“We don’t need a handful of people doing zero waste perfectly. We need millions of people doing it imperfectly.” This quote from Anne-Marie Bonneau is a helpful and sane way to approach your holiday.
Going zero waste (or low waste) during the holidays might feel like one more burden, but it doesn’t have to be. Incorporating just a few zero waste holiday tips, like simple adjustments to your wrapping technique or the gifts you buy can really make a difference in your holiday waste.
It’s the most wonderful time of the year. Unfortunately, it’s usually the most wasteful.
Table of contents
- How to Have a Zero Waste Holiday
- 1. Let Mother Nature help with the decorating
- 2. Shop small
- 3. Give zero waste holiday gifts
- 4. Give experience gifts
- 5. Opt for DIY gift giving
- 6. Consider foregoing paper cards
- 7. Source your holiday meal locally
- 8. Plan carefully to avoid food waste
- 9. Skip the styrofoam plates and plastic cups
- 10. Wrap gifts with what you already have on hand
- 11. Give back
- 12. Don’t spend beyond your means
- More Green Holiday Resources
Having a zero waste holiday means you still celebrate the season but your garbage bin looks essentially the same as it does any other month. You’ll avoid single-use items (especially plastics), and you’ll be conscious that your gatherings and gifts don’t create waste.
This approach also helps streamline and simplify your holidays.
How to Have a Zero Waste Holiday
If zero waste seems overwhelming, you can always make a low waste holiday your goal.
Here are some pretty accessible eco-friendly holiday tips. Choose the ones that feel the easiest to fit into your life.
1. Let Mother Nature help with the decorating
No matter where you stand on the real vs. artificial Christmas tree debate, there are ways to decorate without creating a bunch of waste. Skip any single use or temporary tree decorations. The popcorn garland doesn’t count because humans or birds can eat it.
Use natural elements (pinecones make lovely centerpiece elements) or garden to provide your holiday decor. Cut some sprigs off of any evergreen. Bring in your rosemary for the winter and use it as a decoration. Or buy one of those adorable rosemary Christmas trees at the grocery store and save it for spring planting.
Potted plants and beeswax candles can serve a purpose long after the holidays are over.
2. Shop small
You might want to avoid big retail stores altogether. Everything is crazy expensive right now. And do we really feel like it’s necessary to make the billionaires even richer?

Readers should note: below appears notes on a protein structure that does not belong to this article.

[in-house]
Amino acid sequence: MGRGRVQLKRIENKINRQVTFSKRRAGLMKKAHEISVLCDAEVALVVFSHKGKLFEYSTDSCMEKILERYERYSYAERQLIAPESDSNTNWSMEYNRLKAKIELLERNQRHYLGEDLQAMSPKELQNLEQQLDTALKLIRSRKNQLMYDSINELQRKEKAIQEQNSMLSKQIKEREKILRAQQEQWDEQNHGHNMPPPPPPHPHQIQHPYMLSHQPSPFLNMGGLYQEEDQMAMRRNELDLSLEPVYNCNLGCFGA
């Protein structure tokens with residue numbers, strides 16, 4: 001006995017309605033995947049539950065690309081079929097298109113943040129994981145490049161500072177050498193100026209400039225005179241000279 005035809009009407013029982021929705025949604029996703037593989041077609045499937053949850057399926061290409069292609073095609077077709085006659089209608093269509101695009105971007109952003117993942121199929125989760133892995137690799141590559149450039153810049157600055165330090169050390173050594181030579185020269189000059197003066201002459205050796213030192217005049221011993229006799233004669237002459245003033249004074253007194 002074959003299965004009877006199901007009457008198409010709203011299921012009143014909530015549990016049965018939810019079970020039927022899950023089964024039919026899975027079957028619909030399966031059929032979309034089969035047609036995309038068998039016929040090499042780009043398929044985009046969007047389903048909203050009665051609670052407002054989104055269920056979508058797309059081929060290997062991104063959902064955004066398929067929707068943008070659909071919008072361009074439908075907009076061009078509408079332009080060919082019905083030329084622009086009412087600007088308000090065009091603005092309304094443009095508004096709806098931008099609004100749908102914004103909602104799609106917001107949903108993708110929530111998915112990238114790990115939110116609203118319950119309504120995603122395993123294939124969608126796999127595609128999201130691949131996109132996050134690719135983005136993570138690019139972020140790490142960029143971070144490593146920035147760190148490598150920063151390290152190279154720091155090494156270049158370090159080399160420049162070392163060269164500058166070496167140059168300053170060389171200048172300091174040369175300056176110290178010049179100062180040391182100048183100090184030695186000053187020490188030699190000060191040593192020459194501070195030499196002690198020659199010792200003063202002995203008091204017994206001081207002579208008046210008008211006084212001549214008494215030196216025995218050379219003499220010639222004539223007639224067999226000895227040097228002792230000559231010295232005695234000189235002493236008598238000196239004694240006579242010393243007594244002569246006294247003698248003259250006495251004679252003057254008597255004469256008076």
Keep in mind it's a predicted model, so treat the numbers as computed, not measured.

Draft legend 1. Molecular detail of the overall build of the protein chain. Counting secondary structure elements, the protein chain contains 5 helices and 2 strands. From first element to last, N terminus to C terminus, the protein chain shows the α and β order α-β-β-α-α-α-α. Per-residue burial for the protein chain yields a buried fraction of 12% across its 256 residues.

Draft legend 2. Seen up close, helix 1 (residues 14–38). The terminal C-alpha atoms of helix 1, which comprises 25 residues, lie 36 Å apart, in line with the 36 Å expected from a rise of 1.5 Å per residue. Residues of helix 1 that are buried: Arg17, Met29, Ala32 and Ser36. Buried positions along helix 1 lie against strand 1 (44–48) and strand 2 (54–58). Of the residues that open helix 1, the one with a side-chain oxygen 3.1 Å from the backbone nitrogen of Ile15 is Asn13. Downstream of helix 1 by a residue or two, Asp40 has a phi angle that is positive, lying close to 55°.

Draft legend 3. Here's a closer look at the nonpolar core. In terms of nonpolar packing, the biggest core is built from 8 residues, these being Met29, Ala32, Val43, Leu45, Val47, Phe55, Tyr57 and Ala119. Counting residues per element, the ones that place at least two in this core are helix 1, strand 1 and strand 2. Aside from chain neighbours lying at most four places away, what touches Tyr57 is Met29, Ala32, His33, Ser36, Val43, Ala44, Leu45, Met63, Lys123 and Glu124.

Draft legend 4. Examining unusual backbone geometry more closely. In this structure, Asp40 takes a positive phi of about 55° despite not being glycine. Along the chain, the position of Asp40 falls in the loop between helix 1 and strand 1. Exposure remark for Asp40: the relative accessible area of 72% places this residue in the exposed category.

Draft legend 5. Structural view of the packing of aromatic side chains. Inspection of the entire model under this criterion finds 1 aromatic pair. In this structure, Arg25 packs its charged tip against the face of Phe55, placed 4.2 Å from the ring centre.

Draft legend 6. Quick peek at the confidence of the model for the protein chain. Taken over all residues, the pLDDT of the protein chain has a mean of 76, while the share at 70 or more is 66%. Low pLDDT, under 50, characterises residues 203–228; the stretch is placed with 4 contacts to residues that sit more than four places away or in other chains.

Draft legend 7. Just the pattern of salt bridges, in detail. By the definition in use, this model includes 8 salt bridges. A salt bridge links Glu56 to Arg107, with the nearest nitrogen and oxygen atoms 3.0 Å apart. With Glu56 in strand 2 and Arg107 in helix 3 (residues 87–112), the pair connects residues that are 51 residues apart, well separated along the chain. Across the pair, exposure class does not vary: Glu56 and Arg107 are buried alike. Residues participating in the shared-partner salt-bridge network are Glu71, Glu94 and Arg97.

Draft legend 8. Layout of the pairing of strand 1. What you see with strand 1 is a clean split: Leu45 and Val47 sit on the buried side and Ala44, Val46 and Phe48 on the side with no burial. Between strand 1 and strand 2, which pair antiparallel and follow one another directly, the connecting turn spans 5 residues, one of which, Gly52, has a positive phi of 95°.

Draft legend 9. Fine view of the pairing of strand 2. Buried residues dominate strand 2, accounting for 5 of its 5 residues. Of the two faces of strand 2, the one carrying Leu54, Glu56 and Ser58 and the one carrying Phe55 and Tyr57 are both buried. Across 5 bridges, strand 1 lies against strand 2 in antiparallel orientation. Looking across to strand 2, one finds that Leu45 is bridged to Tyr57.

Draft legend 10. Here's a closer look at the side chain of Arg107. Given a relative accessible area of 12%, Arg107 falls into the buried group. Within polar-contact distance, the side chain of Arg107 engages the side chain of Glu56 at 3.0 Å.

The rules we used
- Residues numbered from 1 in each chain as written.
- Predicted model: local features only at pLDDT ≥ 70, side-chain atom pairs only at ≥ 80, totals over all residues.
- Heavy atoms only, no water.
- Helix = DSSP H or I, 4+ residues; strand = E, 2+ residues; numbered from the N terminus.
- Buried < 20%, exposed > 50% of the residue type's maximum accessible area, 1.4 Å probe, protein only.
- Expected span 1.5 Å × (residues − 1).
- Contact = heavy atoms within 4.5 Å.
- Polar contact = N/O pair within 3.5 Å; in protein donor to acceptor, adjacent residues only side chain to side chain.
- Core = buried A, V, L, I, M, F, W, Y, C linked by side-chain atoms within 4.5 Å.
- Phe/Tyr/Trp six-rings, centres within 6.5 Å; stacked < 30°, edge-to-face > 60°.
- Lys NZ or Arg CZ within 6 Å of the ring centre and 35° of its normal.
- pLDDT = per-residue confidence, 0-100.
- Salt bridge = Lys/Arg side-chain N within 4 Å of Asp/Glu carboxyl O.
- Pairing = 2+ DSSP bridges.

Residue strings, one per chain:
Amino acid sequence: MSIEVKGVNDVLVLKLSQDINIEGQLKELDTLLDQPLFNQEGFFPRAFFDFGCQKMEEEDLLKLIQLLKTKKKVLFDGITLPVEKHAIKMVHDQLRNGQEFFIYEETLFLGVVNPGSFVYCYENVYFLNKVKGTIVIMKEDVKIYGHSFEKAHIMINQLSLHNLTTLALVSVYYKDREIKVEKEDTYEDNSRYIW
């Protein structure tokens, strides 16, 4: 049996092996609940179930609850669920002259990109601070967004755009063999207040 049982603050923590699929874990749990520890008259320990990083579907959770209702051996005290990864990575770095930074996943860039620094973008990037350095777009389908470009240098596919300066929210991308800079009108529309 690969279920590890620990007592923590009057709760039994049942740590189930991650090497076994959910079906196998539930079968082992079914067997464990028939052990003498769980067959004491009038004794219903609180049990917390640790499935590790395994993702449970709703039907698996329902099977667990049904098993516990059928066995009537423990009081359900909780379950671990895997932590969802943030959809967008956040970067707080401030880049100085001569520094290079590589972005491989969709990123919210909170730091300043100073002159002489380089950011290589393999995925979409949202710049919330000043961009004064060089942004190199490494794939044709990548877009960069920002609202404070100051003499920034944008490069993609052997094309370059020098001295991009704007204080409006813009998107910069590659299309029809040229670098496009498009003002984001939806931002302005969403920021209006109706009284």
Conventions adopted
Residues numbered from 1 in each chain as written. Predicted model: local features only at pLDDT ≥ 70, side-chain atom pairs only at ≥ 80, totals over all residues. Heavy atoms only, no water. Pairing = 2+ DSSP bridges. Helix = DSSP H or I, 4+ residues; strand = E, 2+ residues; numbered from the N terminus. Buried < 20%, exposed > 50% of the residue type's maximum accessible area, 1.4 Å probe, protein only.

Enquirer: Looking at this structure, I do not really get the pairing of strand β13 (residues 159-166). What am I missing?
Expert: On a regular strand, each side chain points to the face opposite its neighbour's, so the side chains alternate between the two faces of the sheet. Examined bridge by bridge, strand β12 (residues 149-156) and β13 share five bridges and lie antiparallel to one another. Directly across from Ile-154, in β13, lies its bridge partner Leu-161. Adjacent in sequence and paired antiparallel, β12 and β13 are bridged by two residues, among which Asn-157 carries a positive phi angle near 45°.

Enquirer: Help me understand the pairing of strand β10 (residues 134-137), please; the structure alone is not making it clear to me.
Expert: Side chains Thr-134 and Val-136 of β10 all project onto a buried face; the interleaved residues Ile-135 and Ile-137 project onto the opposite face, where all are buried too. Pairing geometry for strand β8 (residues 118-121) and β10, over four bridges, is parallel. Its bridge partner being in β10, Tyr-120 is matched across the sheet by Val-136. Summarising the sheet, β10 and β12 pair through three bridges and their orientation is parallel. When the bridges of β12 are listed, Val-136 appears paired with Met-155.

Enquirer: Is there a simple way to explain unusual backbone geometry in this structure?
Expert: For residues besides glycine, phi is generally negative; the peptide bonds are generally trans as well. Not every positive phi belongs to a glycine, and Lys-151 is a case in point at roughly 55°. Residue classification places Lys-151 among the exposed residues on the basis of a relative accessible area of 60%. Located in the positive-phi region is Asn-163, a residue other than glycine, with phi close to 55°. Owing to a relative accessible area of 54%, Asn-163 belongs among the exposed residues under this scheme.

Aside from protecting your sanity, you’ll also limit the temptation to buy more holiday gifts and decorations than you need. Instead, hit the consignment and thrift stores.
You’ll find plenty of items people received during last year’s holiday season just waiting to be rescued from their future in the landfill. Yes, it is ok to give a really thoughtful secondhand gift or regift an item with integrity. Especially if your budget is tight. There’s nothing greener than giving an unused gift new life with an owner that will truly value it.
When you shop locally, more money is kept within your community because local businesses often use or buy from local service providers, farms, and companies. It also helps grow other businesses as well as your region’s tax base.
3. Give zero waste holiday gifts
Items that cut down on single use plastic make truly great gifts. They’re high-quality, extremely useful, and they’re something many people would like to have but just won’t buy for themselves.
4. Give experience gifts
Perfect for zero waste gifting, experience gifts can range anywhere from mini-golf passes to a homemade coupon book with activities that won’t cost you a dime!
Brainstorm lists of your friends’ and family members’ interests. Think about classes they might like to take or memberships they might like.
5. Opt for DIY gift giving
If you’re crafty, you might make your own gifts out of low-waste materials. Find DIY recipes for personal products like lip balm, soaps, bath bombs, or candles. A friend and I just learned how to make soaps this past spring and we’re trying to schedule our next soap-making session with enough time for the soaps to cure for holiday gifts.